One of the many pressing issues facing governments across Europe during the battle against the coronavirus pandemic was how they could convince reluctant adults to get the jab.
A study has looked into what sort of messaging was most effective in convincing these groups, and there was a clear winner in the United Kingdom: the likelihood of being able to travel abroad.
Other countries saw different results, however, with a number of European populations not swayed by the promise of a vaccine passport.
Researchers found that in countries with populations with lower levels of basic knowledge about health and higher prevalence of conspiracy theories, unvaccinated adults were less likely to change their mind regardless of the public messaging.
COVID-19 vaccines have proved a powerful tool in protecting health services by reducing the chances of people becoming seriously ill with coronavirus. But a significant minority of the population in many European countries remain sceptical about getting vaccinated, due to a number of factors.
These include mistrust of authorities, as well as worries about the speed of vaccine development and potential side effects.
Researchers from the London School of Economics, the Technical University of Munich, and the University of Trento studied more than 10,000 unvaccinated adults in the UK, France, Germany, Italy, Poland, Spain, Sweden and Bulgaria.
There was a big variation in vaccine take-up across the eight countries at the time of the study, with hesitancy at around 61 per cent in Bulgaria and as low as 6.4 per cent in Spain.
Three messages, mixed results
During the spring and summer of 2021, the adults in the study were given information about the COVID-19 vaccines available to them, and also shown one of three messages from public health campaigns aimed at increasing vaccination rates.
One emphasised how the vaccines reduce the risk of serious illness or death.
The second showed how a vaccine passport would reopen travel abroad.
The third explained how vaccinated people were free to enjoy restaurants, cinemas, and gyms without restrictions.
All three messages were effective in convincing German adults.
In the UK, the promise of being able to travel abroad brought the number of people willing to be vaccinated up from 22 per cent to 28 per cent.
However, in all the other countries, none of the messages were effective, with unvaccinated adults in Spain and Italy becoming even less likely to get vaccinated after reading the messages.
So why did something that worked in Germany backfire in Italy and Spain?
“One plausible explanation is the difference in health literacy levels in Germany compared to Italy and Spain,” Matteo Galizzi, associate professor of behavioural science at LSE and one of the authors of the study, told Euronews Next.
People don’t all have the same ability to understand the basics of risk and risk reduction, and have different views on the benefit-risk balance of getting vaccinated depending on their own age and health, he said.
Vaccine hesitancy gender gap
One notable pattern the study picked up was the gender gap in vaccine hesitancy rates, with women more hesitant in five of the eight countries surveyed.
“In most of the countries we find a statistically significant and relevant difference between men and women in vaccine hesitancy, Galizzi said, adding that “it is one of the first times it is documented so clearly”.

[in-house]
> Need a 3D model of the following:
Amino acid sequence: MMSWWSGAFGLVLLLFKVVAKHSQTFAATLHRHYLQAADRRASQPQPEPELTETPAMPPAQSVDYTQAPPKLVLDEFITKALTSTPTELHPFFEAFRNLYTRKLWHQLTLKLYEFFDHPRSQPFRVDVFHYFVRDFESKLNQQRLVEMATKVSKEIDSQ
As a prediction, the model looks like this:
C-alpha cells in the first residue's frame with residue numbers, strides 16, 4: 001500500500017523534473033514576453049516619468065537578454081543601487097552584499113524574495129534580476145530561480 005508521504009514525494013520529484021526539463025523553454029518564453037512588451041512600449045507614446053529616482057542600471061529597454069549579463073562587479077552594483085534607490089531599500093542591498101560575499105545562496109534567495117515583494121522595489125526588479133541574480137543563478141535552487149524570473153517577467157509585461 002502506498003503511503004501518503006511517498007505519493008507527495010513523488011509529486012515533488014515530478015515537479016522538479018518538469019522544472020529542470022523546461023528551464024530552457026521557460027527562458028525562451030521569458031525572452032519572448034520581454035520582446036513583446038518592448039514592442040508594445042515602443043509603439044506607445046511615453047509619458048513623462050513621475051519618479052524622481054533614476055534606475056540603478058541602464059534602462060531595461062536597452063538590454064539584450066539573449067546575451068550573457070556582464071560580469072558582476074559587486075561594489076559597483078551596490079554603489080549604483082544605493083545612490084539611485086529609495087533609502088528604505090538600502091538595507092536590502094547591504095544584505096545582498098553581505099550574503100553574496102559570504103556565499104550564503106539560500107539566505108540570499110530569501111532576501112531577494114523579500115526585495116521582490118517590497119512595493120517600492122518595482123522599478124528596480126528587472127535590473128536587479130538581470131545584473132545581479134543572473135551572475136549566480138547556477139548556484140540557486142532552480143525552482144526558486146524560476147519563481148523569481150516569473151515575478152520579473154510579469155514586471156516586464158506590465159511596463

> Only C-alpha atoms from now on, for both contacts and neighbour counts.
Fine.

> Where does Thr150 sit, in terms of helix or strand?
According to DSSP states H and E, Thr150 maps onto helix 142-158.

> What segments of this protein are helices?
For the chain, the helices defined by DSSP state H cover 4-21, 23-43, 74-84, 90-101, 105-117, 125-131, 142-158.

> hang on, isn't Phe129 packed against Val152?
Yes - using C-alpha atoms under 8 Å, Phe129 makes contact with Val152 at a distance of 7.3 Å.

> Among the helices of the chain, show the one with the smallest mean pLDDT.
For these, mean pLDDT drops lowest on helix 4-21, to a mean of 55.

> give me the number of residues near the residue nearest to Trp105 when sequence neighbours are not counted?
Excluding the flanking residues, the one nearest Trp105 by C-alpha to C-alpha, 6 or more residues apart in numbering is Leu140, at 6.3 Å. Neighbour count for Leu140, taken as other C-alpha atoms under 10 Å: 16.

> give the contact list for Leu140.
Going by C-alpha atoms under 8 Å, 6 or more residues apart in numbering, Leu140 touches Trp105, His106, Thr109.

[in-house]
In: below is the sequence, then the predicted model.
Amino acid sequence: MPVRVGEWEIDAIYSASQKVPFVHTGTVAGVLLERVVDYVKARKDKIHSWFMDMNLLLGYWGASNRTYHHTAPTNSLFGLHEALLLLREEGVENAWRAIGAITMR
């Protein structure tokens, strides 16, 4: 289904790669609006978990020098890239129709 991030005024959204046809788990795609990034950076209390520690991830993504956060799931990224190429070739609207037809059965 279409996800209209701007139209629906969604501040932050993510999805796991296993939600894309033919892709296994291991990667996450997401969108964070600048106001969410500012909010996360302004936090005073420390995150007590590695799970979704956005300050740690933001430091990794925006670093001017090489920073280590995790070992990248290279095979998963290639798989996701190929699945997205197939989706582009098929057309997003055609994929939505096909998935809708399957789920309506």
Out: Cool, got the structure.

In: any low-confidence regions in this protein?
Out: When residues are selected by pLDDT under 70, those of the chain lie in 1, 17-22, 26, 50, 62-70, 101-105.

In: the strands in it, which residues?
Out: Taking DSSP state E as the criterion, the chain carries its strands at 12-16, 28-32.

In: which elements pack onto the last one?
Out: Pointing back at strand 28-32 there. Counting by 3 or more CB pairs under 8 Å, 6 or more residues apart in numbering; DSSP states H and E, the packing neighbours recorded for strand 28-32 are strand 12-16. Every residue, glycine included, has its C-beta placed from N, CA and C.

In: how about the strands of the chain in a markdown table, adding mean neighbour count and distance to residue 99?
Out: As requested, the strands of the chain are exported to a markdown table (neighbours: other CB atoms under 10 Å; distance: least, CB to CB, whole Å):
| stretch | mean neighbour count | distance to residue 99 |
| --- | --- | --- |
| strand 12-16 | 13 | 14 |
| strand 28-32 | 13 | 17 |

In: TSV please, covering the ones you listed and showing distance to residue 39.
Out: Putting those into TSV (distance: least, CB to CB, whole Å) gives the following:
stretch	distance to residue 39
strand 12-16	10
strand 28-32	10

He said this could potentially be attributed to two things. Firstly, the fear about side effects from vaccines, and specifically worries about effects on fertility.
Secondly, the fact that COVID-19 illness seems to affect women less seriously than men, which “could potentially be an almost rational reaction to explaining more resistance to vaccination”.
Lessons for policymakers
The researchers say the study, published in the peer-reviewed journal Science Advances, provides significant lessons for current and future vaccination campaigns.
While the European Commission has called for a coordinated vaccination strategy across the EU, the researchers cautioned against a “one-size-fits-all” approach.
Galizzi argued that while coordinated vaccination campaigns can be beneficial regarding provision of vaccines or prioritisation of certain users, “vaccination campaigns must be tailored at the level of individual countries”.
“There is no single vaccination campaign, or public health message that we have tested, that is working across all the countries,” he said.
One of the study’s key takeaways stems from the fact the acceptance of either the mRNA vaccines made by Pfizer-BioNTech and Moderna on the one hand, or AstraZeneca’s jab on the other, varied significantly from one country to the next.
It showed a third of British participants reported high levels of trust in the UK-made vaccine, compared to less than 5 per cent of German and Italian participants.
“These insights motivate an important policy lesson: COVID-19 vaccination and booster campaigns will likely be more effective if citizens can actively decide which kind of vaccine they will receive,” the study’s authors wrote.
The researchers argue public health messages focusing on the rigorous and extensive testing of vaccines, as well as transparent communication about prevalence, prevention, and treatment of possible side effects, could prove most effective in addressing the concerns of vaccine-hesitant adults.
“This study shows that public health messaging - and subtle information nudges - can shape our decisions. We now know the major reasons why some adults are hesitant to get the vaccine,” said Galizzi.
“Public health messages need to respond to these concerns, and to focus on communicating the rigorous and extensive testing of vaccines, and the extent to which risks of side effects from jabs compare to risks from COVID and long COVID," he added.